Understanding the mind of a serial killer The Canadian Law and Serial killing

Essay by hipsterCollege, Undergraduate May 2004

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"A census taker once tried to test me. I ate his liver with some fava beans and a nice chianti". This is a quote from the movie Silence of The Lambs. The movie stars Hannibal Lecter, a serial killer who eats his victims. On the surface the idea of a killer eating his victims sounds repulsive, but the movie was based on real life occurrences.

The quest for further knowledge has long been a central goal of mankind. To understand, to know "why" things are the way they are and "why" people do the things they do. Mankind continues to strive to comprehend the complex thought processes and motivation of a serial killer. When most people think of serial killers, they do not think of them as human, they think of them as monsters. Hollywood's version of a serial killer, which is a man with a hook who is eight feet tall and usually wears some sort of mask, is far from the reality.

What's fascinating about serial killers is that there just like us. But what could possibly compel someone to murder? The study of serial killers has brought psychological and scientific study to the field of law. This essay will explore the central question: How does the study and analysis of the mind of a serial killer translate into the legal process concerning Canadian serial killers? Criminal profiling serial killers can aid in the mens rea as well as alter the analysis of homicide, but no Canadian laws directly correspond to serial killing.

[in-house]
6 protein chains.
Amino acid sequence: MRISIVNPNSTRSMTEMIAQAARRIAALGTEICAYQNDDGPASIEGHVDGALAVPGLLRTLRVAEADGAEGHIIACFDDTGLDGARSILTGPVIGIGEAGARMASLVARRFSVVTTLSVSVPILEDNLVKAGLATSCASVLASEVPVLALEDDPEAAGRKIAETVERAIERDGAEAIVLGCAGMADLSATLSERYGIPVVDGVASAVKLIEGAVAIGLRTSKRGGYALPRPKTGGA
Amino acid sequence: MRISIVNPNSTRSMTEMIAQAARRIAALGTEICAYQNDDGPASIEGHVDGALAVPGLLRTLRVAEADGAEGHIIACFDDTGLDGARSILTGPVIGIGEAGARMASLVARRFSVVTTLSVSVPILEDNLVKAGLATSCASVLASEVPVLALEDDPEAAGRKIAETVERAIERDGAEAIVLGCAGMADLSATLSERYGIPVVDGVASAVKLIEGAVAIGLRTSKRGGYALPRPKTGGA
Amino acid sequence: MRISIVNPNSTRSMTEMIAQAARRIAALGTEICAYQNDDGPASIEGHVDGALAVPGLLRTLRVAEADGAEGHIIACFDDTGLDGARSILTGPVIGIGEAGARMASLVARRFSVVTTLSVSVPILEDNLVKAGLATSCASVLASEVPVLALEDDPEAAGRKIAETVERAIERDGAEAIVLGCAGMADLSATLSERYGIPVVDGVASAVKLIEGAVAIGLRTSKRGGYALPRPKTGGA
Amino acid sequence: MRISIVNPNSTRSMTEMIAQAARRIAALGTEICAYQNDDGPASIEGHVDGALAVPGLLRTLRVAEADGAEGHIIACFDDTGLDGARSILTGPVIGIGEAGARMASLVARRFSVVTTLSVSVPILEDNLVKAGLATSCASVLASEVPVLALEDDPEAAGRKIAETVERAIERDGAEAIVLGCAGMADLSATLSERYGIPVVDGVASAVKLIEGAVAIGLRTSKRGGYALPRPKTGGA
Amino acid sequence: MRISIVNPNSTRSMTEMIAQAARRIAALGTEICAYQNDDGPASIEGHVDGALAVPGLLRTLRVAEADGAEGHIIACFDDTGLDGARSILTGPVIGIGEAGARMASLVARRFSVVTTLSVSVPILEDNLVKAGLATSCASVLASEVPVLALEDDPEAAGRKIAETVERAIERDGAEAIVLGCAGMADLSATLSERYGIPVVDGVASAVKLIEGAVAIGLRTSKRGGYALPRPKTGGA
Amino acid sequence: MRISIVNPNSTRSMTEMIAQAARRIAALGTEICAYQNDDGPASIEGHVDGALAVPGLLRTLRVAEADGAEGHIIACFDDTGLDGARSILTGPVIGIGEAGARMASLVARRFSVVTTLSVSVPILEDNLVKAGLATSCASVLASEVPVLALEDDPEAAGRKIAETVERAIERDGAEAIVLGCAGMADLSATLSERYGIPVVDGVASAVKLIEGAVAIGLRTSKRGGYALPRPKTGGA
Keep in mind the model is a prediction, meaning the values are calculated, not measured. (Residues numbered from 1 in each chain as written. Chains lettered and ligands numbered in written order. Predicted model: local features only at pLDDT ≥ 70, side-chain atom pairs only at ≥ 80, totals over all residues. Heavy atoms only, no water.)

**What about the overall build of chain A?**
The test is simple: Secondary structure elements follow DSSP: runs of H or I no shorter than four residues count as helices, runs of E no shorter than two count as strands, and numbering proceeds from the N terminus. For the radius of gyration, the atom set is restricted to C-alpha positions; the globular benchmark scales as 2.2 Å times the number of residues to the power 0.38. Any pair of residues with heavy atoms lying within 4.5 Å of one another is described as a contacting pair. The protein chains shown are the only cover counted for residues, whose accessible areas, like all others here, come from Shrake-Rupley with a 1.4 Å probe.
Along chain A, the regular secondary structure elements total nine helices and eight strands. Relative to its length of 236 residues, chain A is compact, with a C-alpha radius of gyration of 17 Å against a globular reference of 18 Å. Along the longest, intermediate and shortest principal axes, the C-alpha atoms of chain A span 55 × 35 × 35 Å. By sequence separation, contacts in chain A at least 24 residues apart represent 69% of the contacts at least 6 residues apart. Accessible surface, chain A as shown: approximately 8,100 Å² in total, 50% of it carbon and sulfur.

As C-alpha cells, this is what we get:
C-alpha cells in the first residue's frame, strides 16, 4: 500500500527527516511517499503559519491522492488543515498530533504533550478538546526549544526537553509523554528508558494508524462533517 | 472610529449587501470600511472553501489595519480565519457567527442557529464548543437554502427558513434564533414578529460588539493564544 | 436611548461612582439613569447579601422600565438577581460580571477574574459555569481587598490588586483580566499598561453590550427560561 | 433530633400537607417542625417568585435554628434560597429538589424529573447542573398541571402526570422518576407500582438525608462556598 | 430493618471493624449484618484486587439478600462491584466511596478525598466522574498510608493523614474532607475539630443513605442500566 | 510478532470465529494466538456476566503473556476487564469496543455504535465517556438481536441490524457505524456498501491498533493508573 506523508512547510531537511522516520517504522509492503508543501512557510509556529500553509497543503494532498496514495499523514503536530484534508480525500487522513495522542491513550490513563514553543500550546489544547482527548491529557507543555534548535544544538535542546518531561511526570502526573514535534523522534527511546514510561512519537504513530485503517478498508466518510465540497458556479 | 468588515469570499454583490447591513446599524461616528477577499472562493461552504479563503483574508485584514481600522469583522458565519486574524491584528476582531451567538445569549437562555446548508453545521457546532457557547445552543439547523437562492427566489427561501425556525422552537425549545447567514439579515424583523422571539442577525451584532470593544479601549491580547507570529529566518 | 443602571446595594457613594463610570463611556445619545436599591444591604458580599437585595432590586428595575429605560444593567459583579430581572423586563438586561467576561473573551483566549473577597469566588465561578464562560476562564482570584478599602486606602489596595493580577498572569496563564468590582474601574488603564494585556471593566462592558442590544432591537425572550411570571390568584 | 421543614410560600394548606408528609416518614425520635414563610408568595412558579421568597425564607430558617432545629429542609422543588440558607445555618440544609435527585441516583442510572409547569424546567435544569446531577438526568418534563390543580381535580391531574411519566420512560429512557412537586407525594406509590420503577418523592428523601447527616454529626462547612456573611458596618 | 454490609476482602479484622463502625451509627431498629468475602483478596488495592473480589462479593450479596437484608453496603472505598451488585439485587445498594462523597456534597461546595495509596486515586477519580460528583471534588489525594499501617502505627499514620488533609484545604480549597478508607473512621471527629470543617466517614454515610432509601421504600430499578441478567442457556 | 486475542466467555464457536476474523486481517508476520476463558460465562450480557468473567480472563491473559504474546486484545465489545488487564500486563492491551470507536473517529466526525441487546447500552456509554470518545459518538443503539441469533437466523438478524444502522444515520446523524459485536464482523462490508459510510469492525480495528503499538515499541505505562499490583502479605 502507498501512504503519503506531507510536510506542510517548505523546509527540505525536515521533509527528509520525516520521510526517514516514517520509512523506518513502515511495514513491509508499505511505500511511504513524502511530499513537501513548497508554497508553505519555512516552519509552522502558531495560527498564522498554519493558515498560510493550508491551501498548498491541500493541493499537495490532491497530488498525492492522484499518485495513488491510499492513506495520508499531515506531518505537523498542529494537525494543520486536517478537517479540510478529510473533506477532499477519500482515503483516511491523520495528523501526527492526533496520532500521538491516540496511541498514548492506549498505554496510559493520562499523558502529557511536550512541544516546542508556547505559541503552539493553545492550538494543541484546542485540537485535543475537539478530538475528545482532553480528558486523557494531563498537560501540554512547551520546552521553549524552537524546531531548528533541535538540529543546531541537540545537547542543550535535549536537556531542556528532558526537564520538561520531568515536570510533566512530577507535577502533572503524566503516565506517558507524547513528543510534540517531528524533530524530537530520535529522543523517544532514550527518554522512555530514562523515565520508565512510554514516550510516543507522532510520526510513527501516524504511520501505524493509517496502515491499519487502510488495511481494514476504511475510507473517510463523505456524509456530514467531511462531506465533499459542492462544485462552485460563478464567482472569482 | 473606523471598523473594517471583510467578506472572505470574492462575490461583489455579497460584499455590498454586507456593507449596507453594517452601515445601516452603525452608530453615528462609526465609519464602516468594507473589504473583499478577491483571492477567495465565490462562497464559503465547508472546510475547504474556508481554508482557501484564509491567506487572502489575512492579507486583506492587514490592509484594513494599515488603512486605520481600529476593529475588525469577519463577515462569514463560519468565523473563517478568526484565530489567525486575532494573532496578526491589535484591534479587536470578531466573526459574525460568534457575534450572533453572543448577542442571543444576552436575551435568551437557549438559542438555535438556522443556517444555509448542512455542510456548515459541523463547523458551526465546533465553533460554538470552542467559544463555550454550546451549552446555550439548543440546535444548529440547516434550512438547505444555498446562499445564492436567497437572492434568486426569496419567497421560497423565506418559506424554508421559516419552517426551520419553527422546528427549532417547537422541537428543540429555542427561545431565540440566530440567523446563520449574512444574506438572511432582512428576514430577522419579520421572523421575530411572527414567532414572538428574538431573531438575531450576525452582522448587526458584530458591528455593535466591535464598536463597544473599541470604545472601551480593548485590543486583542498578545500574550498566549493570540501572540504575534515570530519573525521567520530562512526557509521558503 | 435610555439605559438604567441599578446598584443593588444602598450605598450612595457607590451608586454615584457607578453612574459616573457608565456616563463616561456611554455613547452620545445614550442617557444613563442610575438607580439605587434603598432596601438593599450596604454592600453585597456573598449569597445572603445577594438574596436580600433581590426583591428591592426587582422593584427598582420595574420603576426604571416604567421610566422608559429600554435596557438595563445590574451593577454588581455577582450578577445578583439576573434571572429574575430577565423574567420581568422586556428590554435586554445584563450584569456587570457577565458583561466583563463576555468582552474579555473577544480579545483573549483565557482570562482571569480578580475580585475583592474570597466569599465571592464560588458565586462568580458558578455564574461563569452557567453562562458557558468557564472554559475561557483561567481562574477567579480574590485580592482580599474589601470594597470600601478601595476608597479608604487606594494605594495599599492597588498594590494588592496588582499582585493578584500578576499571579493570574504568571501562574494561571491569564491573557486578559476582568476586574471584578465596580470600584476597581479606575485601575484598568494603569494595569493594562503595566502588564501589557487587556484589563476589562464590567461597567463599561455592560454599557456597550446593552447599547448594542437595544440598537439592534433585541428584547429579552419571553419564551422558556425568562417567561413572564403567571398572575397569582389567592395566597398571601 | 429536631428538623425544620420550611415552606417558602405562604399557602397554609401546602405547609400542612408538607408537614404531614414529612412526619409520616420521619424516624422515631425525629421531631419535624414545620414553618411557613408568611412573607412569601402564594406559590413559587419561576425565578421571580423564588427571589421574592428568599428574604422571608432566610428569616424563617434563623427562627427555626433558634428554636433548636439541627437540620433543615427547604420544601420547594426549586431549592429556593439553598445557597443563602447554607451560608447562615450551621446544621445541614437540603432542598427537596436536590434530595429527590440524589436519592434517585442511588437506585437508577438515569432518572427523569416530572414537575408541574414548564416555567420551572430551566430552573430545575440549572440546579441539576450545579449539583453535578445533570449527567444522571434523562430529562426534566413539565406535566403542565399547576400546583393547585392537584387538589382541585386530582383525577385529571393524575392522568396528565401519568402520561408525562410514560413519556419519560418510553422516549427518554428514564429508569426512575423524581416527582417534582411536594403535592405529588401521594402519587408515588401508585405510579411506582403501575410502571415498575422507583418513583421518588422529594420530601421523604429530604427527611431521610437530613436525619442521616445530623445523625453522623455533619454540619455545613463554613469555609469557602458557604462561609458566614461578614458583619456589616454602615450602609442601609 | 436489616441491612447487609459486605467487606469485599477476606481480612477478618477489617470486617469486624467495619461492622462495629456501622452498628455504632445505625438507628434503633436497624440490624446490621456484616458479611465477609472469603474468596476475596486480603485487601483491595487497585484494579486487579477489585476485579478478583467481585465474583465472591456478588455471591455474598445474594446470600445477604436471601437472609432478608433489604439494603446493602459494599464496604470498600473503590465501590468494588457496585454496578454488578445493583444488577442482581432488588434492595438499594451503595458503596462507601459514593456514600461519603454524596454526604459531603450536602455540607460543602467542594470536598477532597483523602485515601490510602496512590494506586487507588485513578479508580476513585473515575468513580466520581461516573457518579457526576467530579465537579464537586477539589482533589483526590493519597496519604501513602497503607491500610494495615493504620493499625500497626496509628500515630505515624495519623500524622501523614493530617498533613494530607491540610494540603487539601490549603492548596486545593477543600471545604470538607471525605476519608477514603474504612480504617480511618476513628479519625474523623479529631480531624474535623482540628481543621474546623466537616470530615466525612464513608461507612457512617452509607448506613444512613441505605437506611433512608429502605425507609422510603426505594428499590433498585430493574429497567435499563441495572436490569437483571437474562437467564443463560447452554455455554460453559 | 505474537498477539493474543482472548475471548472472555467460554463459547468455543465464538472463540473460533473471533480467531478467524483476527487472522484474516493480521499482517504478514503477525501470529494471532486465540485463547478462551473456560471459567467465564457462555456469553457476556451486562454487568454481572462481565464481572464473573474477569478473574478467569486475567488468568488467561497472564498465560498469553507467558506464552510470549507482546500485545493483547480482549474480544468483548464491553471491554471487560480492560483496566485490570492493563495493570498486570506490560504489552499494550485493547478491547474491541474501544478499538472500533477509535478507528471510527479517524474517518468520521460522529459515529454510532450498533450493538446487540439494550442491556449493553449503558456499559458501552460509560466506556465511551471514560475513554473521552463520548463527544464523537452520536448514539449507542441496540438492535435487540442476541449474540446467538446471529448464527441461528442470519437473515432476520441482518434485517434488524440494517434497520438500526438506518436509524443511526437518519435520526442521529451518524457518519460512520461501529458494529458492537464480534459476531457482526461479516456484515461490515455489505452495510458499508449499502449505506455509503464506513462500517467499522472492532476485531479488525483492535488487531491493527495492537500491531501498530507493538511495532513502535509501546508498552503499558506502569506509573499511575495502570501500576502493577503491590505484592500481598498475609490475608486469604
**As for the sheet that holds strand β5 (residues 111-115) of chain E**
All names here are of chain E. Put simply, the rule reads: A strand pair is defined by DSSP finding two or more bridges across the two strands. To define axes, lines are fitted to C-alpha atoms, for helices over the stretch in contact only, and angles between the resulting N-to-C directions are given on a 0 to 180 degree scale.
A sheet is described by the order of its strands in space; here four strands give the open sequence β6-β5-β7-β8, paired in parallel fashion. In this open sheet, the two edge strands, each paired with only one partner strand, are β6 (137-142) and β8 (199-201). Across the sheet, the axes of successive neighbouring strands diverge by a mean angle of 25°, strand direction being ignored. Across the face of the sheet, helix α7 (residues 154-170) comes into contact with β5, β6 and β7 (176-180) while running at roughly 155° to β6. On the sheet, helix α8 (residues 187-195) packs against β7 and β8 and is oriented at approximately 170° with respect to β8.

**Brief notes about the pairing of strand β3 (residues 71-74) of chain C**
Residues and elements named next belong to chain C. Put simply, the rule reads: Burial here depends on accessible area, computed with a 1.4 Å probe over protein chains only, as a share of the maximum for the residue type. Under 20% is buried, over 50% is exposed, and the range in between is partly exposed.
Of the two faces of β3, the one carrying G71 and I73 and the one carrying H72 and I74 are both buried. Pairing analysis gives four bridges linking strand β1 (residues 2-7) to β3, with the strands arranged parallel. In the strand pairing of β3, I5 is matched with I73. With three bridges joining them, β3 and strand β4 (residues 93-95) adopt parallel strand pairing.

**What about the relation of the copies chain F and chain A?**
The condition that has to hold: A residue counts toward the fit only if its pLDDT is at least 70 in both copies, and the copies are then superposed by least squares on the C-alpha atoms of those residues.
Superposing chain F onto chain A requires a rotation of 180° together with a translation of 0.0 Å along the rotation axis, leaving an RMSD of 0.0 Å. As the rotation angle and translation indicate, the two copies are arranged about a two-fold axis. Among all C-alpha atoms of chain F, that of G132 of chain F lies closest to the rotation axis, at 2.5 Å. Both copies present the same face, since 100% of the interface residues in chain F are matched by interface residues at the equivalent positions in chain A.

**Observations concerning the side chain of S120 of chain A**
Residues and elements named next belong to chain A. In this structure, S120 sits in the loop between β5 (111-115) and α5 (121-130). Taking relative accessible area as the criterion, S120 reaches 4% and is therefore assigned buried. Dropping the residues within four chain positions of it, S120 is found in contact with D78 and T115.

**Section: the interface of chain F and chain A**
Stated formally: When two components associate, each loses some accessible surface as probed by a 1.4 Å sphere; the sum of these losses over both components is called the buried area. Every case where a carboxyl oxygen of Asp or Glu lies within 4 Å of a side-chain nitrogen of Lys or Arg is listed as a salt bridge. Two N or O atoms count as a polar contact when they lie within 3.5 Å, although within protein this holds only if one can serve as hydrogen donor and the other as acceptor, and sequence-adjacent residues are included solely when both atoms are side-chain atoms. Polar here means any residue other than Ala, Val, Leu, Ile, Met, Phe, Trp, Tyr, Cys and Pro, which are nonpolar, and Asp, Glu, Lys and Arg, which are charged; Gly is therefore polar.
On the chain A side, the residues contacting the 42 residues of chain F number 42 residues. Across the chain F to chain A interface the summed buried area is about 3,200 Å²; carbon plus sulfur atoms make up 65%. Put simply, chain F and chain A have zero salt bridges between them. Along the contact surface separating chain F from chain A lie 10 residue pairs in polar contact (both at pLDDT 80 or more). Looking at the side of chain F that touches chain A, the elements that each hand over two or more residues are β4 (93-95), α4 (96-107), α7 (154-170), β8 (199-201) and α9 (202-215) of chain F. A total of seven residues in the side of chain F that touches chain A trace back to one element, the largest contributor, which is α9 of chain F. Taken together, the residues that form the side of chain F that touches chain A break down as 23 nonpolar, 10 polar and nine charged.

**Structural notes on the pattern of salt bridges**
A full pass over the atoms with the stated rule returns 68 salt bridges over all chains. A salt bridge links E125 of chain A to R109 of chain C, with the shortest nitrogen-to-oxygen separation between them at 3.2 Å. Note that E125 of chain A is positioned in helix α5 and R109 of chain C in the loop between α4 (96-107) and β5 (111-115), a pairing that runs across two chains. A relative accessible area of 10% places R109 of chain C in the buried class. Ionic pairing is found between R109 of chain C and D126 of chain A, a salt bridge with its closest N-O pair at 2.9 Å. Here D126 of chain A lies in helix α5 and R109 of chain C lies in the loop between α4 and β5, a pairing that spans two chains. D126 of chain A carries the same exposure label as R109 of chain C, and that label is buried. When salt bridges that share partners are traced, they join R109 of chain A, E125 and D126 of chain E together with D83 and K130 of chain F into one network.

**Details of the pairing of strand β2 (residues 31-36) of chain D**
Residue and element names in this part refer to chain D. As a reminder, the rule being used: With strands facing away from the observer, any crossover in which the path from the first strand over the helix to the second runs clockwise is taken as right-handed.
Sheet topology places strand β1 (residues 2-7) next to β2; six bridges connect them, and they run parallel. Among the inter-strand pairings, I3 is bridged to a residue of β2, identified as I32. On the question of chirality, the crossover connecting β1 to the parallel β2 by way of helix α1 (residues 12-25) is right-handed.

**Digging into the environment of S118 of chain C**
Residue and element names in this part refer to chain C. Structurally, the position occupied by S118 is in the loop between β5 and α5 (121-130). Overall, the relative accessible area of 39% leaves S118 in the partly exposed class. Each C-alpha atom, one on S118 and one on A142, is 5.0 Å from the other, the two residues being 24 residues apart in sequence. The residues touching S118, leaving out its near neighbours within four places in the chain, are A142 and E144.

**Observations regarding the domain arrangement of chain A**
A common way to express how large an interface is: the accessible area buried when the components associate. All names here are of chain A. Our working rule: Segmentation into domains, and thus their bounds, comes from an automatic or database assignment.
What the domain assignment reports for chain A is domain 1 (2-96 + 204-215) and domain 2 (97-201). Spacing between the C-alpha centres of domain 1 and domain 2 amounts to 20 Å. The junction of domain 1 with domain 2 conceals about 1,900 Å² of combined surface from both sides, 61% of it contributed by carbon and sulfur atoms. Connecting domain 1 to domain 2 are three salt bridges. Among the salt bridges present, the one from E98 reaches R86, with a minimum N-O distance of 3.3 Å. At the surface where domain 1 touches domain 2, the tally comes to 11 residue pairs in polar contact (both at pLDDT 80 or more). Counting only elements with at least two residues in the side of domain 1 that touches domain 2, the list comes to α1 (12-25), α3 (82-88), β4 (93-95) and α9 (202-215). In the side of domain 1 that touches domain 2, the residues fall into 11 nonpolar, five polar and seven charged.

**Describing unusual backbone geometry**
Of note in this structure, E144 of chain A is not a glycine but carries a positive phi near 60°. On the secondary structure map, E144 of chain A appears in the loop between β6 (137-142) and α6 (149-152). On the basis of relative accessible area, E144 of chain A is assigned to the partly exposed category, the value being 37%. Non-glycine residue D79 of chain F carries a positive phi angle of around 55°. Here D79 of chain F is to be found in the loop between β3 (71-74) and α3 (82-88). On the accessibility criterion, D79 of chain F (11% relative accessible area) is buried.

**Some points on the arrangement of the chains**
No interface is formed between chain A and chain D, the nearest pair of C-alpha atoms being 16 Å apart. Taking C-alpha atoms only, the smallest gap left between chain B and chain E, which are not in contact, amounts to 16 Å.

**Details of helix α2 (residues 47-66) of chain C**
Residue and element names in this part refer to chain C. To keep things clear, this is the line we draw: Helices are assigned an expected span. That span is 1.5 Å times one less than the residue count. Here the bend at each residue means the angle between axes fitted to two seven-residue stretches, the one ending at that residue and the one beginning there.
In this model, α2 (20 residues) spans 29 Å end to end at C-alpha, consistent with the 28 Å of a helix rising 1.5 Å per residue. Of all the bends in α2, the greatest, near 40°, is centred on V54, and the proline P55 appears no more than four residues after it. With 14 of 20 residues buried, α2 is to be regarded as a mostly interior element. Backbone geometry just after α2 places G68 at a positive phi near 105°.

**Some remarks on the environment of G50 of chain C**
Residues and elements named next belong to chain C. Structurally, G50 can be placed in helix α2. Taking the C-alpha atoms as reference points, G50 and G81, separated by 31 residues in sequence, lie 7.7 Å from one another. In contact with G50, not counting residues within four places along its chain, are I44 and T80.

London England, 1888,- Jack the Ripper kills five female prostitutes as well as removes and rearranges their organs (Barbee). This was the first serial killing incident of the modern day era. There have been many bewildering cases since, such as Peter Kurten, who received sexual...